My next exercise was to redirect internally the traffic that was scattered around my web pages. This fragmentation of games had always driven me mad so I took the opportunity to redirect everything to my portal. I made sure that if the user was going to Galactians 2 they would end up at the portal’s Galactians 2 page. I didn’t want to break the experience up by presenting another click.

By around the 15th of November I was happy that all games were now pointing to the portal. This was excellent as it meant I was finally maintaining a single codebase.

So one month later what kind of numbers am I looking at?

Well the number of unique hits to my home page on the 11th December was 4,400. A rise of 3,496.
The percentage of first time visitors to the site has dropped to 61.91%. Presumably the 20% shift accounts for repeat visitors.
On the 8th December the percentage of referred traffic stood at 44.63%.

My assumption that the decrease in referred traffic amounted to an increase in direct traffic needed to be tested. It seemed too good to be true. Had I skewed the figures by placing so many redirects on the site?

Whereas previously a visitor was coming from Domain A to Domain B where Domain B was the only place I had analytics code installed, they were now potentially coming from Domain  A to Domain B (page 1) to Domain B (page 2). Both pages in Domain B had analytics script embedded.

Would the final resting place (page 2) within Domain B register the event as direct / (none) traffic for Domain B?
Or would it, as I hoped, register it as a referral by virtue of the fact that the original source was Domain A. i.e. external.

I found Google’s help pages to be a pretty useful starting point.

Causes for self-referrals as a traffic source

On that page you can download a custom report created by Google to throw at one of your views within Analytics. I downloaded the report and ran it and it came back with no issues.
Digging a little further I installed the Chrome extension Tag Assistant. With this installed you can quickly analyse each page within your portal to ensure that you don’t have duplicate tracking code installed. I’m not sure of the impact here but it seems like good practice not to do it.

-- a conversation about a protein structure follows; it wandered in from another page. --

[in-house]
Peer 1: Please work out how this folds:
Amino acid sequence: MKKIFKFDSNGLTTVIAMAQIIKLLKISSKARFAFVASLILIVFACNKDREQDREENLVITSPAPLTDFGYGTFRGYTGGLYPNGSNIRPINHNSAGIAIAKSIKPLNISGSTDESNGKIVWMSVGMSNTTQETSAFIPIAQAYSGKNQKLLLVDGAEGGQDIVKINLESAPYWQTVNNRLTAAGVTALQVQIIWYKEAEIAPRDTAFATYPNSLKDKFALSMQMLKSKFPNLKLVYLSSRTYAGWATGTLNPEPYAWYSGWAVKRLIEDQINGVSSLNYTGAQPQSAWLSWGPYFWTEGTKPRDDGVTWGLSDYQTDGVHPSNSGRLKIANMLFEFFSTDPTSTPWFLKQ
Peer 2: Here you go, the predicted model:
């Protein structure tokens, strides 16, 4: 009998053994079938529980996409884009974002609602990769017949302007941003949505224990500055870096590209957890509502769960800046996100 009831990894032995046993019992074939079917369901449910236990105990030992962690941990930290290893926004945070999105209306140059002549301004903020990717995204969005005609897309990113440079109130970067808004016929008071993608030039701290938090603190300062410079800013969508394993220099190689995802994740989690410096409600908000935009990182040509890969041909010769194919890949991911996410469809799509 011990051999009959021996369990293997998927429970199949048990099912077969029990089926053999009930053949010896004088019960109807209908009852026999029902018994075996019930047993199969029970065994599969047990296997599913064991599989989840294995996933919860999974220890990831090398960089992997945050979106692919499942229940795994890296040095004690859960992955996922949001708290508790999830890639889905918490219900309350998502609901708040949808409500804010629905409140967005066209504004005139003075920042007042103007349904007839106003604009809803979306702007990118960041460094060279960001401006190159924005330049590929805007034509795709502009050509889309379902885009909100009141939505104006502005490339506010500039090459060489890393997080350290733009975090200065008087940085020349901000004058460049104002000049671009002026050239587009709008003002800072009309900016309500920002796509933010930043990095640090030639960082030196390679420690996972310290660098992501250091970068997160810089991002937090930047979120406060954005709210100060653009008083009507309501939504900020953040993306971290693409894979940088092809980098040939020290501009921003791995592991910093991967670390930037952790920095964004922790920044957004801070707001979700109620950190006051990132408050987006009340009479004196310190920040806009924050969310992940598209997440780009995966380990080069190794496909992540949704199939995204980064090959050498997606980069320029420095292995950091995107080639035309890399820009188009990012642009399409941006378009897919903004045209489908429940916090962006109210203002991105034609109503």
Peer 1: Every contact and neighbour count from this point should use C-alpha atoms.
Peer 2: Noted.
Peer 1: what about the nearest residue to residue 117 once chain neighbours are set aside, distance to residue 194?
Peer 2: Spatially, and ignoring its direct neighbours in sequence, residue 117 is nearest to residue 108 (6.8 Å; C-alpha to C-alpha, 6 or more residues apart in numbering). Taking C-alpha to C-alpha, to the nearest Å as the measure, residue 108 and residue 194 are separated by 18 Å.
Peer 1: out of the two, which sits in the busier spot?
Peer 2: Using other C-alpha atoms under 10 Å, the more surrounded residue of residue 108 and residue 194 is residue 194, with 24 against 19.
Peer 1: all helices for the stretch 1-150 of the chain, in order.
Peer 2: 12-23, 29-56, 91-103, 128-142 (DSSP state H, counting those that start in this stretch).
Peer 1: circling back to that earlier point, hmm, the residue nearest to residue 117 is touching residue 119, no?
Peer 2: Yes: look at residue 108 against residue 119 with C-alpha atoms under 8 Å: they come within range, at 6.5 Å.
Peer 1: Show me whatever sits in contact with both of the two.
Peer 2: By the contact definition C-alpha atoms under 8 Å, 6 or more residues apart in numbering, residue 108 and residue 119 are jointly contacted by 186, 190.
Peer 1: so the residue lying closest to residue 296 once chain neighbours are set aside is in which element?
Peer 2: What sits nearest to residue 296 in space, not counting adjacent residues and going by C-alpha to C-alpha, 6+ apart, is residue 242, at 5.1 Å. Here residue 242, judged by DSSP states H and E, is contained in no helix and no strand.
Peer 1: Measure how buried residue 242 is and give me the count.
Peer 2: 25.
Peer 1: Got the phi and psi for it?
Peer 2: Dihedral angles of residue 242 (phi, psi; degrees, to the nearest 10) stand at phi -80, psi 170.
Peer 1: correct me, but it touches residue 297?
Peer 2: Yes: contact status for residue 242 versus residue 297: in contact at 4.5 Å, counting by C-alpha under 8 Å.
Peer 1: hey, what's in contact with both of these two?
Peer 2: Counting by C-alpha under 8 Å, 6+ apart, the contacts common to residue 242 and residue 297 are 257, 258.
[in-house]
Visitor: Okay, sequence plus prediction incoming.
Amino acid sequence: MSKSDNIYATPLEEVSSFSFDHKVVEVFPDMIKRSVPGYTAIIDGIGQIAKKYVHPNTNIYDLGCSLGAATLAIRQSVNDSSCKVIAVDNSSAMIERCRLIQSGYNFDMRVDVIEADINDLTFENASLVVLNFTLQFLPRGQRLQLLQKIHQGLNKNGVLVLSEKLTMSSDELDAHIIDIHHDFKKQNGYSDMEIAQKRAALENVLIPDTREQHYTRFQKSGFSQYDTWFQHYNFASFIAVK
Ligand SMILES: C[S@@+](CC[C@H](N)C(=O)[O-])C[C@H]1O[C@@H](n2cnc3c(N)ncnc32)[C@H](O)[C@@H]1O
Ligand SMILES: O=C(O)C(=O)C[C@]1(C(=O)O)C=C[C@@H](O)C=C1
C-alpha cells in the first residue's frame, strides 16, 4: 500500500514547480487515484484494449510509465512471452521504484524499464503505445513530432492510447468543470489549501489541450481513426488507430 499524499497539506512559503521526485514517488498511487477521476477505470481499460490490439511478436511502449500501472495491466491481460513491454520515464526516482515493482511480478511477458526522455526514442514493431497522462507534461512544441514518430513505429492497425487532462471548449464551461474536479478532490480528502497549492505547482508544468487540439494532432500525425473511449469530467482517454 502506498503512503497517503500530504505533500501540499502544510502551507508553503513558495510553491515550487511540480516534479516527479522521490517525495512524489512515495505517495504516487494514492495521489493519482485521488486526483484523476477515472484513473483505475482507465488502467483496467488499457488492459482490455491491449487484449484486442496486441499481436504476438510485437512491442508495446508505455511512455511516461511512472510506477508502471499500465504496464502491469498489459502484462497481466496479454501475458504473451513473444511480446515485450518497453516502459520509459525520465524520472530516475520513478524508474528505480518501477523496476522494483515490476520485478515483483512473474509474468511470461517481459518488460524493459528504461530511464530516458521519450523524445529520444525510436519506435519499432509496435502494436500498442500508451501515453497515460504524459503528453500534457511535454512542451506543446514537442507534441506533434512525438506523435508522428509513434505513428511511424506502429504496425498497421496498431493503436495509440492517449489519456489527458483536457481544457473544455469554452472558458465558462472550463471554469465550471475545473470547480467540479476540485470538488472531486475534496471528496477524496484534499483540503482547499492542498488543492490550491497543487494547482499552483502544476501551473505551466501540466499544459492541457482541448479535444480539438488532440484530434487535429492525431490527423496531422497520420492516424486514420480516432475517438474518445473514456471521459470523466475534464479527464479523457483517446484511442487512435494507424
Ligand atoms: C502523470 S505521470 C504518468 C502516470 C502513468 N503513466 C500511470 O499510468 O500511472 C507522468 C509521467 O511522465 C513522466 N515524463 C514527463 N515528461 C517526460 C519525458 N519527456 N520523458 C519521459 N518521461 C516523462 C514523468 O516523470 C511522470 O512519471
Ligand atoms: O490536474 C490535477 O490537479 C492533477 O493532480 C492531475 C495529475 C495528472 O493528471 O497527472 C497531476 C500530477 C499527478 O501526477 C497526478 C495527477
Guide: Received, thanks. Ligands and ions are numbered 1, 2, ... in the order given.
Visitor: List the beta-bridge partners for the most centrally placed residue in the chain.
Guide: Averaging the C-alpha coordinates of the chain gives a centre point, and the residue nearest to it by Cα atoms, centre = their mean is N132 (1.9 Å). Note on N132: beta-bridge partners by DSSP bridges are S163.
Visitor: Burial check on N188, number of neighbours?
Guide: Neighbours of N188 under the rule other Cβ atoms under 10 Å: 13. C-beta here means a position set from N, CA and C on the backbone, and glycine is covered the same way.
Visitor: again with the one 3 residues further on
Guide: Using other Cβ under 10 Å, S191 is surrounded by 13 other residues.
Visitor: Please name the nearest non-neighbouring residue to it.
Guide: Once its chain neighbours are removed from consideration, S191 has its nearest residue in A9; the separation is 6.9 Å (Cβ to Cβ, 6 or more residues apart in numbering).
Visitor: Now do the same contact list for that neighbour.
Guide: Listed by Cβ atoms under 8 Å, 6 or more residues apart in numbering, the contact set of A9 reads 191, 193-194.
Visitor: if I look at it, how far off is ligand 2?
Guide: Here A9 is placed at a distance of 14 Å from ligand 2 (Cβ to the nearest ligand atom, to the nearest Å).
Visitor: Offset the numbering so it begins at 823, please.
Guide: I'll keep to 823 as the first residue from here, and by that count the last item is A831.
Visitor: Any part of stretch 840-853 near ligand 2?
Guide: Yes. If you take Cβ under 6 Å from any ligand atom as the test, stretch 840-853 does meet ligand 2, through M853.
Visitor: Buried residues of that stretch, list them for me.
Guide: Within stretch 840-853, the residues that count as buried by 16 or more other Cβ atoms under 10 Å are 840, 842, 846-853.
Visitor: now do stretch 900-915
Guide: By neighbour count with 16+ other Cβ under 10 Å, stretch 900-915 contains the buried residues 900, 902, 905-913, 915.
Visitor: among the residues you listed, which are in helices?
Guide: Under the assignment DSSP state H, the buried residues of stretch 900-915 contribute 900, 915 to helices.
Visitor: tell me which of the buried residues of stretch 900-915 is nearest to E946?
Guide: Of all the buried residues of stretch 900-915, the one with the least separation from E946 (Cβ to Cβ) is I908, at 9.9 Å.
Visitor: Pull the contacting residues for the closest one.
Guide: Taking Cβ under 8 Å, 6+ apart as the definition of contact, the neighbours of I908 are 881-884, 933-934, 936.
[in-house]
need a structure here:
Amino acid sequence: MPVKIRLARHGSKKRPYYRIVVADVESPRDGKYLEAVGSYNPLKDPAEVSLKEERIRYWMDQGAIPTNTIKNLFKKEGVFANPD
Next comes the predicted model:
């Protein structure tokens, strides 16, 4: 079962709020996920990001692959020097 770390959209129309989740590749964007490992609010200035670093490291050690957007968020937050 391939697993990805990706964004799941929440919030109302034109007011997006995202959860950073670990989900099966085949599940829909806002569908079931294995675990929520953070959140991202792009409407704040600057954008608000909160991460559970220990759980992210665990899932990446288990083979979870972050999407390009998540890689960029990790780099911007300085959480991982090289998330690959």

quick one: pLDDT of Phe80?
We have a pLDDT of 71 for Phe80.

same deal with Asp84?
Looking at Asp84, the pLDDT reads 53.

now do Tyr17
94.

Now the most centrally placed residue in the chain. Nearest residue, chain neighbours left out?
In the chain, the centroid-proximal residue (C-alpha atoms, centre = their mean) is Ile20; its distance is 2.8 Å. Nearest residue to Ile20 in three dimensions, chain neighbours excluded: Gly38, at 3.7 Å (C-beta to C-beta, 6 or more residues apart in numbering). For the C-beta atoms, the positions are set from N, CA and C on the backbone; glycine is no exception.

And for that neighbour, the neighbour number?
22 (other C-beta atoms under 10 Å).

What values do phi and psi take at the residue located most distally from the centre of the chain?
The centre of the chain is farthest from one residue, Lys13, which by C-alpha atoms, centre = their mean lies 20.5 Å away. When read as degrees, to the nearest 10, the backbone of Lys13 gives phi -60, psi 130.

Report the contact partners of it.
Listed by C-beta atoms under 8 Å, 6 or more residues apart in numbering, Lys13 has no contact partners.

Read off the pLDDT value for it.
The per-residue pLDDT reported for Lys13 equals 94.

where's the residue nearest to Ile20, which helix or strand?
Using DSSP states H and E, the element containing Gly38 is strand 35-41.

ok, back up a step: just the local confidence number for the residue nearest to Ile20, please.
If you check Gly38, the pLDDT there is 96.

I’m happy that the figures that I’m seeing for traffic and referrals are accurate. This is rather thrilling as it means that the educated changes that I am making seem to be working.

Update: after a little digging around the web I found some interesting reading on behaviour related to mobile phones and searches via Google since iOS6. I’m not sure how much this relates to my situation. Probably not a great deal. But it’s worth a read none the less.

And the difference in AdSense revenue generated over the first month as a result of these changes?

A rise of 230% on the previous month.

Building your own mobile web gaming portal – an introduction

I always wanted to operate my own virtual video game arcade. A place where I could focus on building arcade games for people to enjoy and compete with their friends.
I remember back when I was developing my first JavaScript game about 5 years ago it was my ultimate goal to build a suite of games that would interface with my own system where scores, players and stats would be stored centrally. As a data nerd the prospect of poring over megabytes of performance stats was and still is a huge thrill.